Jerry's Shoe Service608 Main Street East Orange, NJ 07018   1969-1998


A Dream Come True For Onetime Shoe Shine Boy

Hard work, determination, the encouragement of a Landis shoe repair machinery representative, and a Small Business Administration loan have combined to make a dream come true for a former North Carolina shoe shine boy.

Gerald Hamm, owner of Jerry's Shoe Service in Orange, New Jersey, in business only six months, has confidence in his ability to succeed, but doesn't let it overshadow his appreciation for those who have been his benefactors.

"If it hadn't been for my mother's love and encouragement, it's hard to say what I'd be doing today", Hamm says. "My dad didn't like the idea of my being a shoe shine boy because it was too dirty. But my mother said the dirt washed off and it was an honest way to earn money". Exposure to the shoe service business made Hamm all the more determined to someday have his own business. It led him to a trade school in North Carolina and eventually to his first job as a full-fledged shoe serviceman.

A brother in New Jersey and the prospects for self-improvement were the magnets that drew him north.

HIS FIRST JOB was working in a factory. He worked part-time as a shoe serviceman, making more money than he did on his full-time job. He quit the factory and took a second part-time job with another shoe repair shop. His training and experience finally led to management of a shoe repair department in a large department store. Hamm's hard work did not go for naught.

"After 15 years of experience, part of it in management, I made up my mind that I wanted to go into business for myself. I casually mentioned it to a policeman friend of mine, "Hamm says, and he suggested I discuss it with the Small Business Administration". It was here that Bill Lynch, Landis representative for the metropolitan New York area, entered the picture.

"Bill knew my background, knew that I was dependable, and he knew what I wanted to accomplish. He was very patient with me, counseled me, and really had more confidence in my ability to succeed than I did". Hamm recalls. Rebuffed in his first attempt to gain help from the SBA, Hamm persisted. "I guess I finally convinced them I meant business", Hamm says.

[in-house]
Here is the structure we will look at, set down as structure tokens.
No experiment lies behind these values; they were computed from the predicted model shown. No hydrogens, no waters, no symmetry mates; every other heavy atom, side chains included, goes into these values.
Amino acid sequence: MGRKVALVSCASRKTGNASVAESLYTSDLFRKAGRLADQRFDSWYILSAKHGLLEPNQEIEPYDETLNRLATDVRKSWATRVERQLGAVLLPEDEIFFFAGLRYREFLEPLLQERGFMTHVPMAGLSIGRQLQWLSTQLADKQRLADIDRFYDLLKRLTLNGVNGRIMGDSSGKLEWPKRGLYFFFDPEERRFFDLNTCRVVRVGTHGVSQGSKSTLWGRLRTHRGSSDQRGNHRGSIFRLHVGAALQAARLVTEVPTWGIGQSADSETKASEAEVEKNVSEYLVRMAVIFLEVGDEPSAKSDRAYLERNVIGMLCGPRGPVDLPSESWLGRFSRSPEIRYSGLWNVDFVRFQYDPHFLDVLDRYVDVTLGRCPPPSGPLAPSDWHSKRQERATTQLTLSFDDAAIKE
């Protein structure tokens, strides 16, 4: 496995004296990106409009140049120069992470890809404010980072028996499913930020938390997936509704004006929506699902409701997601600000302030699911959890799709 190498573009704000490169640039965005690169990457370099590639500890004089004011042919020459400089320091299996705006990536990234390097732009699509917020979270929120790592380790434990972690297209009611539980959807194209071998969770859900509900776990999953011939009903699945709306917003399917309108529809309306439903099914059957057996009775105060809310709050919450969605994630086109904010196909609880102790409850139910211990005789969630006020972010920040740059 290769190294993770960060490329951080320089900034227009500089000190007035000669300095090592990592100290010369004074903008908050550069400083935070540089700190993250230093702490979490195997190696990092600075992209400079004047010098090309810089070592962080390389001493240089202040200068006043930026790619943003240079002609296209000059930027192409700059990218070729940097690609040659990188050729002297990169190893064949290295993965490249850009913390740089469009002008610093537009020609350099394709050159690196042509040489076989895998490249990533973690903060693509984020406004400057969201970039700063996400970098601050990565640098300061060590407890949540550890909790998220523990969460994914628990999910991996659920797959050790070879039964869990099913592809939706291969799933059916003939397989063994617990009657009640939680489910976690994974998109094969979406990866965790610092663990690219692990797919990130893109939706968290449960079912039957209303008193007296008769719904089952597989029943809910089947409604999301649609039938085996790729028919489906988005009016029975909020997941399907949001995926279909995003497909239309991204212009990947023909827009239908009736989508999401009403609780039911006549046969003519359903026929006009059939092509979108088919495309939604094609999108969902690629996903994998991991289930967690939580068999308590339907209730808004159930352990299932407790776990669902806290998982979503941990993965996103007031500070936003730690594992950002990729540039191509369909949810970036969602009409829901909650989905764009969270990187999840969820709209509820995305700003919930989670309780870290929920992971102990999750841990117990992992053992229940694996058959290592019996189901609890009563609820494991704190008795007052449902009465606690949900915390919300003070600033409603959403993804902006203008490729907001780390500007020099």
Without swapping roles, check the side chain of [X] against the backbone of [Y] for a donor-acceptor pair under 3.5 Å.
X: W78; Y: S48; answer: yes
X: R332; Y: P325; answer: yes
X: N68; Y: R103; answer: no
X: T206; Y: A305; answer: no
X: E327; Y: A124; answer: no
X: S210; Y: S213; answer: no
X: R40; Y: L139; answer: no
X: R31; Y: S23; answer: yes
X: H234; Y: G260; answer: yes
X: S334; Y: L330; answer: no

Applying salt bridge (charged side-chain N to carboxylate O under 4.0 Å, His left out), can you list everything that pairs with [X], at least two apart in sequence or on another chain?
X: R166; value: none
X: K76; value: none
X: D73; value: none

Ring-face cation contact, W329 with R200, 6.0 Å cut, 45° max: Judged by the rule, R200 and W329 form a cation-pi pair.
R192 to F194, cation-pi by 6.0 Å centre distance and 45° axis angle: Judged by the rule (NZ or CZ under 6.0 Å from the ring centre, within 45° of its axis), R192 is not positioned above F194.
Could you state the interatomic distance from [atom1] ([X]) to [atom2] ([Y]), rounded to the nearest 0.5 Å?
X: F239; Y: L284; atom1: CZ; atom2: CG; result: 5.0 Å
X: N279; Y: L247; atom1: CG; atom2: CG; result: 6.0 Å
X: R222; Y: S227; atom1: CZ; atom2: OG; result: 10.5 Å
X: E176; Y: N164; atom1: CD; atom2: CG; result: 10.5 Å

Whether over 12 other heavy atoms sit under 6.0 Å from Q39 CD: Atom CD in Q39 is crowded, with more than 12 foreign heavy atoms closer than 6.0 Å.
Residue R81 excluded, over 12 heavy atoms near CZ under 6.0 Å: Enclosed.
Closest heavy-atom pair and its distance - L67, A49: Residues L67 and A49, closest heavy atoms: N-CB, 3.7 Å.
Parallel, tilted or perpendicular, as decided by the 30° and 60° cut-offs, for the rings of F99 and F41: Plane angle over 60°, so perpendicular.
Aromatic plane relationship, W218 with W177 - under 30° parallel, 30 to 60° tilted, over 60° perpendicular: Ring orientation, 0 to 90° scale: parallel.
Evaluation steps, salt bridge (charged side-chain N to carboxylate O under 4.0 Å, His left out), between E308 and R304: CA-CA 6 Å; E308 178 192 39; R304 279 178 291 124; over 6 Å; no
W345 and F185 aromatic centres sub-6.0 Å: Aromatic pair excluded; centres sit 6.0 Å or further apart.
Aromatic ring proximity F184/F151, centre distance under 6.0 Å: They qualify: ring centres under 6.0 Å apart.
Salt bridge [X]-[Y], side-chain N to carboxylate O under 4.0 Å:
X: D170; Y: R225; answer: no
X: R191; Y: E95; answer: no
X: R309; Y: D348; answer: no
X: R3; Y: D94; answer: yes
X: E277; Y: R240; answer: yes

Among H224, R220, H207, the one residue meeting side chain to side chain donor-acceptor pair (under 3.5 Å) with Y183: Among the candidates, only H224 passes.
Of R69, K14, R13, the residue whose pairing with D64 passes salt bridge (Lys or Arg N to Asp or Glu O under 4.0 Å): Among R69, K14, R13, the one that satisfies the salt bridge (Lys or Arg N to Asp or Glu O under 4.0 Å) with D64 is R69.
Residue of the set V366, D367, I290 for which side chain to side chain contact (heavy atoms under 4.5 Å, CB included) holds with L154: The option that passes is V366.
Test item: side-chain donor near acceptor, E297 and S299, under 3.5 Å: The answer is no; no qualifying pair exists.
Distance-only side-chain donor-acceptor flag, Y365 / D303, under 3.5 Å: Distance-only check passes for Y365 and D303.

When the first ray of hope came from the SBA, Hamm made the down payment on his equipment, paid three months' store rent in advance, painted his shop, and purchased supplies... all before the final loan papers were signed.

With Lynch's guidance, Hamm purchased a new Landis three-motor Jet Finisher with Naumkeag; a rebuilt Model "K" Stitcher; a Model 88A Stitcher; a Model 25 Bench Machine, and a Model CC Regular Jack and Lasts. Hamm says his next piece of equipment will be a Landis Bench Sander.

Hamm is sincere in his efforts to provide the kind of service he feels his customers need. "For example," he says, "I try to talk my customers out of a half-sole job. When I explain why, I usually get the job". He estimates that 15% of his work is in half-soles with some 20% devoted to full soles. He expects that percentage to climb significantly. Top lifts account for about 15% of his volume. Rubber heels make up a majority of his sales estimated at 35%, with leather heels accounting for an additional 5%. Shoe dyeing is responsible for some 10% of the total, Hamm says.

"I try to do a little bit of everything", Hamm says. "I repair a lot of bowling jackets and bags, sew buttons on leather jackets, and mend briefcases".

TO SUPPLEMENT HIS INCOME, Hamm handles a line of pre-packaged ladies' hosiery and makes keys. "Both are impulse items," Hamm says, "and it's a simple matter to earn extra profits I wouldn't have otherwise". Business is so good, enough for Hamm that he already has one part-time shoe serviceman and a shoe shine boy after school.

"The growth in population in this area has had an effect on my business too, "Hamm says. "Not long ago, it was easy to rent a house in Orange. Now it's hard to find a place to live".

On the other side of the coin, Hamm says, heavy factory employment is the area submits his business to more than the normal ups and downs in the economy. "Many of my customers are the first to get laid off when things are tight".

One of the greatest problems facing shoe servicemen, in Hamm's opinion, are foreign imports. "Most of the shoes being imported today aren't worth repairing," Hamm says. "And, in many cases, the shoes are of such low quality they can't be repaired anyhow".

When Hamm gets enthusiastic, which just comes naturally, everything is "out of sight".

And that's how he views his future and the future of the shoe service business in general.... "out of sight!" .
  • Full or Half Soles
  • Taps
  • Heels and Lifts for Women's Shoes
  • Keys made
  • Shoe Laces
  • Shoe Dye
  • Boots, Men & Women's Shoes, Leather Jackets

Our Partners